Businessmen invited to initiate city beautification

Stabroek News
July 27, 2001

Mayor Hamilton Green yesterday called on businesses to identify areas where they could assist to beautify Georgetown, and pledged to give them permission immediately.

The city mayor was at the time speaking to a few businesspersons at a meeting at City Hall to address the issue of drainage.

Green told them that they could become involved in the fight against littering in the city and also assist in keeping the drains and canals clean. He said that while the council got the bad name, every piece of litter hurts the system.

Noting that the money being spent this year for the drainage problem was not enough for a solution, Green said that with the help of everyone, Georgetown could again become beautiful.

According to Green, the Georgetown municipality was faced with some strange processes when it came to decision-making, which hindered the development of the city.

Several meetings on the drainage issue have been held over the past few weeks by the Mayor and City Council (M&CC) to involve citizens in this year's $179 million drainage programme.

The mayor told the businesspersons that their attendance at the meeting showed their concern for the city's progress.

Describing the city's state as grave, the mayor said: "We are lucky that we have not been faced with a massive drainage problem."

He noted that the council usually cleaned canals but shortly afterwards their condition would return to square one.

If this continued "we would find ourselves on a treadmill, expending a lot of energy and not getting anywhere."

Both the businesspersons and the mayor were extremely disappointed that none of the councillors, as major stakeholders in the development of the city, were present at yesterday's meeting.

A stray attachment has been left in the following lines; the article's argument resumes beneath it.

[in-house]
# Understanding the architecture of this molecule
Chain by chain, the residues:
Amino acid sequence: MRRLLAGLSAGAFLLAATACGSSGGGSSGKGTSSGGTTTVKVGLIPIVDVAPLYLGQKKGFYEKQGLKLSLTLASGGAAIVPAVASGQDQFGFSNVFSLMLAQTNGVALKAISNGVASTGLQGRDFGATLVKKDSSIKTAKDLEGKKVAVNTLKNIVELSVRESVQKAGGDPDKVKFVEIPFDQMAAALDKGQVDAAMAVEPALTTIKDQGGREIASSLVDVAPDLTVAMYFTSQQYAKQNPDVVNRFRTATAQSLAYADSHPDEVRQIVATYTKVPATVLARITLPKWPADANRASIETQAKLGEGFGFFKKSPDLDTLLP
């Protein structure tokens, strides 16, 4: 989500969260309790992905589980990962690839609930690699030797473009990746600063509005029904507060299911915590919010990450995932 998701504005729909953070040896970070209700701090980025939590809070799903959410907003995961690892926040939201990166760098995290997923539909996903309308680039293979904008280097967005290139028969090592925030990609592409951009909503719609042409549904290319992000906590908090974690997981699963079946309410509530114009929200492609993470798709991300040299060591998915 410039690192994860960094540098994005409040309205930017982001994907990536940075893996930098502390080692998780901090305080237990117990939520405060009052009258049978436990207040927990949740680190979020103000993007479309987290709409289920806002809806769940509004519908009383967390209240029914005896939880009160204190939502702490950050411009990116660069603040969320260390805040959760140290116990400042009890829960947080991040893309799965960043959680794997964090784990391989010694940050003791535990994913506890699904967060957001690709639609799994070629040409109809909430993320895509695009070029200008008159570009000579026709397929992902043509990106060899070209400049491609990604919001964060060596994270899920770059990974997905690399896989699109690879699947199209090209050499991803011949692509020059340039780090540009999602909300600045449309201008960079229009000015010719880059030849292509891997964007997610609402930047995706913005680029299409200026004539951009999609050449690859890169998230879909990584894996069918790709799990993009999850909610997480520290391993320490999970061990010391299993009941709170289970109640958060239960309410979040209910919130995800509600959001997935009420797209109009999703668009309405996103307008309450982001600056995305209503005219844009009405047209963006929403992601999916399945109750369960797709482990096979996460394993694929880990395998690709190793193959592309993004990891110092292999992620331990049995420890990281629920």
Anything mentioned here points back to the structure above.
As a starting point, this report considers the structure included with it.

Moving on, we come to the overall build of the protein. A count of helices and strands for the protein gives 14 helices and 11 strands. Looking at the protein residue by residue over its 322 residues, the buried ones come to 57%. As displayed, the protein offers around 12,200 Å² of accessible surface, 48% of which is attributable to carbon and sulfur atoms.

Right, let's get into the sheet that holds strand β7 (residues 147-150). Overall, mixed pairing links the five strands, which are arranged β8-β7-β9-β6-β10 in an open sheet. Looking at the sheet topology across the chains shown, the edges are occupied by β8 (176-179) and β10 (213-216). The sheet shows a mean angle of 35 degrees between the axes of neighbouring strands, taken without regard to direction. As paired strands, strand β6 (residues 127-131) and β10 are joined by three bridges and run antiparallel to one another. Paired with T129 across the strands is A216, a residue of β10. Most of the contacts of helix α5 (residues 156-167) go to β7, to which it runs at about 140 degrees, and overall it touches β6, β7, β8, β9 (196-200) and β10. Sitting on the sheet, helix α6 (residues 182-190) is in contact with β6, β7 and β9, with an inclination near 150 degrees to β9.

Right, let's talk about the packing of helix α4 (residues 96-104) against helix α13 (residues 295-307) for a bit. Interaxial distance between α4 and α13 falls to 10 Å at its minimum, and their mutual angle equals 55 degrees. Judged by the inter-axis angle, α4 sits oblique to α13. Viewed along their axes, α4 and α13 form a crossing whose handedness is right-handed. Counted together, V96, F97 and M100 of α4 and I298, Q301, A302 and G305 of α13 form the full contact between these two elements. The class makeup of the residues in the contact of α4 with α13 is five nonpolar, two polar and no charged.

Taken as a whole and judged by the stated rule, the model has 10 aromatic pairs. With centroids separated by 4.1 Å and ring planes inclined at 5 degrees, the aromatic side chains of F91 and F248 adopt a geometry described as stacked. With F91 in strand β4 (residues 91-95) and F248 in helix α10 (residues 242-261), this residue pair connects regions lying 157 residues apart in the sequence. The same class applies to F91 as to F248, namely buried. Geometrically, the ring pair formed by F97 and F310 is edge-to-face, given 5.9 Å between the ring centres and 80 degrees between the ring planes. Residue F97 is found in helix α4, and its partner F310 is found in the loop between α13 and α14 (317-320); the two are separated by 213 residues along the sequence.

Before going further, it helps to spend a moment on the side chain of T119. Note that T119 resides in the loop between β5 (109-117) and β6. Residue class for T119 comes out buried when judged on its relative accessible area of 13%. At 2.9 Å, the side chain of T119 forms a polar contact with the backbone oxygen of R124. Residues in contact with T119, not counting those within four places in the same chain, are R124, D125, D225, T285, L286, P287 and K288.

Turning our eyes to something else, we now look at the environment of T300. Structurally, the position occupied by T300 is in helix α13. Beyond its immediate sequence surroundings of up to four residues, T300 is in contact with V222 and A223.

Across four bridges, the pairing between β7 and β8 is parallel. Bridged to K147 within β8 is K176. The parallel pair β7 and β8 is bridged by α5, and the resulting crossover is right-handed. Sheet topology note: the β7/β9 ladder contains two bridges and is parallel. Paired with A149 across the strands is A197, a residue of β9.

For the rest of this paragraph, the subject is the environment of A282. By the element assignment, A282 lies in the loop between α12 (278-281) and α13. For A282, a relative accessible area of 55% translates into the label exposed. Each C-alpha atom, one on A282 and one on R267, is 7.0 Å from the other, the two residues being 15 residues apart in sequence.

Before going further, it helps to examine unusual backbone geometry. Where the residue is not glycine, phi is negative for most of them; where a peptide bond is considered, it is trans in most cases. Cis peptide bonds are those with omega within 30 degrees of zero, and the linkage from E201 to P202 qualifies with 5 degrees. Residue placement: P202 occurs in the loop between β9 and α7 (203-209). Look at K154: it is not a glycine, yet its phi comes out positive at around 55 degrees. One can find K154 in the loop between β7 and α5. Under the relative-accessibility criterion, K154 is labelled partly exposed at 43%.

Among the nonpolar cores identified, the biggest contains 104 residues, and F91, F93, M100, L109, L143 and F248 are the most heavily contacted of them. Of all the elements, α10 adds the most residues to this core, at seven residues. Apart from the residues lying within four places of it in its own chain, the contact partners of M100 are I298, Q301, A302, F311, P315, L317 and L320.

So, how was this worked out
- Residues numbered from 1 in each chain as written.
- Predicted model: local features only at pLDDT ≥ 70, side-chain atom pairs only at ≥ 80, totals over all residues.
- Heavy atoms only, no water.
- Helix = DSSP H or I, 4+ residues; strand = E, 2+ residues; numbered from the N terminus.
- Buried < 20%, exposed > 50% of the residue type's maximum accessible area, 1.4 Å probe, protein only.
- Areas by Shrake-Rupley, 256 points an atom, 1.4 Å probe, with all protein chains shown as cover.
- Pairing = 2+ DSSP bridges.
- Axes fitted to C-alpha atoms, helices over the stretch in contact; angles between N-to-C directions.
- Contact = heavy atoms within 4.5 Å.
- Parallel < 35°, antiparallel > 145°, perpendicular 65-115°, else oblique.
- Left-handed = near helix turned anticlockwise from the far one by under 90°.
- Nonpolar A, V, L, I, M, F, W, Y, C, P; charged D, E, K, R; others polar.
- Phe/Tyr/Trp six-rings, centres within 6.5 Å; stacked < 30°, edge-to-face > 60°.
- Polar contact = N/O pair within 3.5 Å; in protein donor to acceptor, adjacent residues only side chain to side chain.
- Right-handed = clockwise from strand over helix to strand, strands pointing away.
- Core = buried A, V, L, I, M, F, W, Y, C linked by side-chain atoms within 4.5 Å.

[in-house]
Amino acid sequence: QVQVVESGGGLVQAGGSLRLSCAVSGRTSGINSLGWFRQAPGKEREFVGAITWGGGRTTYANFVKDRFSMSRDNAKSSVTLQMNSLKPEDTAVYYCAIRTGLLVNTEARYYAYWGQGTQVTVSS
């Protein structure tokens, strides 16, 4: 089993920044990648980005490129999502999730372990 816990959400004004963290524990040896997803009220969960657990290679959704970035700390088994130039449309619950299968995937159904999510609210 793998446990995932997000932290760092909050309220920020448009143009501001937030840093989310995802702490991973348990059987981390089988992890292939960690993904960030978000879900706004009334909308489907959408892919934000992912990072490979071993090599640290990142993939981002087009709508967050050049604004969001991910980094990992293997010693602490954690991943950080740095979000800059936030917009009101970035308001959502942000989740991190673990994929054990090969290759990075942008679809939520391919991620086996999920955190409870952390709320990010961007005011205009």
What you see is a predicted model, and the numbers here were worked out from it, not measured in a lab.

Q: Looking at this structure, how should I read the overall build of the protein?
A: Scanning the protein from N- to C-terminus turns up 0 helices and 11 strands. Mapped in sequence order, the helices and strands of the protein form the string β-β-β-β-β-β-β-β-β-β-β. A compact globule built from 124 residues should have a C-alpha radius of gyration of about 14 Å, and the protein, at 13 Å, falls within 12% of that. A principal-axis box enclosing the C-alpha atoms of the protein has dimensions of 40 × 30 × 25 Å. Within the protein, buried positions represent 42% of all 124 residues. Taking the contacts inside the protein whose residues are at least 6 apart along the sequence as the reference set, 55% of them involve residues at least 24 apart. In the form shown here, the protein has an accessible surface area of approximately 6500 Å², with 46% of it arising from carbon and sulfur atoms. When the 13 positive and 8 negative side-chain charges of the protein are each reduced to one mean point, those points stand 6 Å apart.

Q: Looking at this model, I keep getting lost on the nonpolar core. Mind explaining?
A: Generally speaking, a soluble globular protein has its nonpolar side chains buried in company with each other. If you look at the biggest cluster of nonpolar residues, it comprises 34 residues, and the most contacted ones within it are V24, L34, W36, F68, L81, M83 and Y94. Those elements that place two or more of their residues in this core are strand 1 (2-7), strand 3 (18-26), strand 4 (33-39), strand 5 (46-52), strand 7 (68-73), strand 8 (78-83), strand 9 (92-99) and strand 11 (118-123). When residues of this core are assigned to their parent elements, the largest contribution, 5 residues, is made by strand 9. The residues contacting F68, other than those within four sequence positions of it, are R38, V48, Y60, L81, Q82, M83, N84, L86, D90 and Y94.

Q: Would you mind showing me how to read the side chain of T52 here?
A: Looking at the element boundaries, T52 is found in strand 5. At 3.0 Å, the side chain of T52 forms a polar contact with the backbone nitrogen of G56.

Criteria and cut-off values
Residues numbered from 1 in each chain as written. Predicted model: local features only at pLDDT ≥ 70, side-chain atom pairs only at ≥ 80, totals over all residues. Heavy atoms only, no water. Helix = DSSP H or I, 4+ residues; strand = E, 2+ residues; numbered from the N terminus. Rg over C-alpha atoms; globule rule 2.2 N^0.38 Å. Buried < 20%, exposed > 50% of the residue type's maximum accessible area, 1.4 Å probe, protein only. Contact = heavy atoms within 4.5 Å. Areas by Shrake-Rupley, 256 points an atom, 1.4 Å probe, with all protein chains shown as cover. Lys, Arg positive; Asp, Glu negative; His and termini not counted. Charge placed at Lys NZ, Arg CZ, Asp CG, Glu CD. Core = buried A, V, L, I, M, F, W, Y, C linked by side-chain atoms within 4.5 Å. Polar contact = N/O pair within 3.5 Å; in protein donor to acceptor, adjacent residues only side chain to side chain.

One businessman questioned whether there was the political will to move the city forward and also asked whether the government was supporting the drive. "It seems to be all talk and if the support is not there then we would be wasting our time," the man said.

Expressing little faith in the councillors, he suggested that they stay at home and allow the businesspeople and other stakeholders to sit around the horseshoe table to address the city's problem.

In answer to the businessman's queries, Green said that he recently had a meeting with President Bharrat Jagdeo and he got the impression that the President was supportive of the drive. However, he opined, he did not think there was the same support from the President's colleagues.

The mayor stressed that businesspeople needed to place less emphasis on whom they would offend and "say it as it is."

The municipality is faced with difficulties from all around, according to the mayor, and for years has struggled to get the fines for littering increased, but the magistrate responsible for the municipality told a meeting that he was not going to fine "poor people."

However, the mayor was not daunted as he disclosed that he was in discussion with President Jagdeo and Chancellor Desiree Bernard to have a court designated specifically to deal with municipality cases. He said at the moment cases were processed over protracted periods, declaring that "just delayed is justice denied."

Another businessman said he was concerned with the bureaucracy involved in bringing about change and wondered if members of parliament are aware of the major role they play in development. "I want to see progress and that is why at the end of the day if I put my money and energy, I want to see something done."

Yet another businessman drew attention to the problem of mentally disturbed persons in the city, who also contributed to littering.

Green said he was aware of the problem and on that issue, a meeting with the Minister of Health and his team would be convened today.

At the end of the meeting it was decided that a meeting would be arranged with President Jagdeo and the businesspeople who intend to seek his support in dealing with the present state of the city.

Meanwhile, an anti-littering campaign is to be launched in schools to sensitise children to the problem.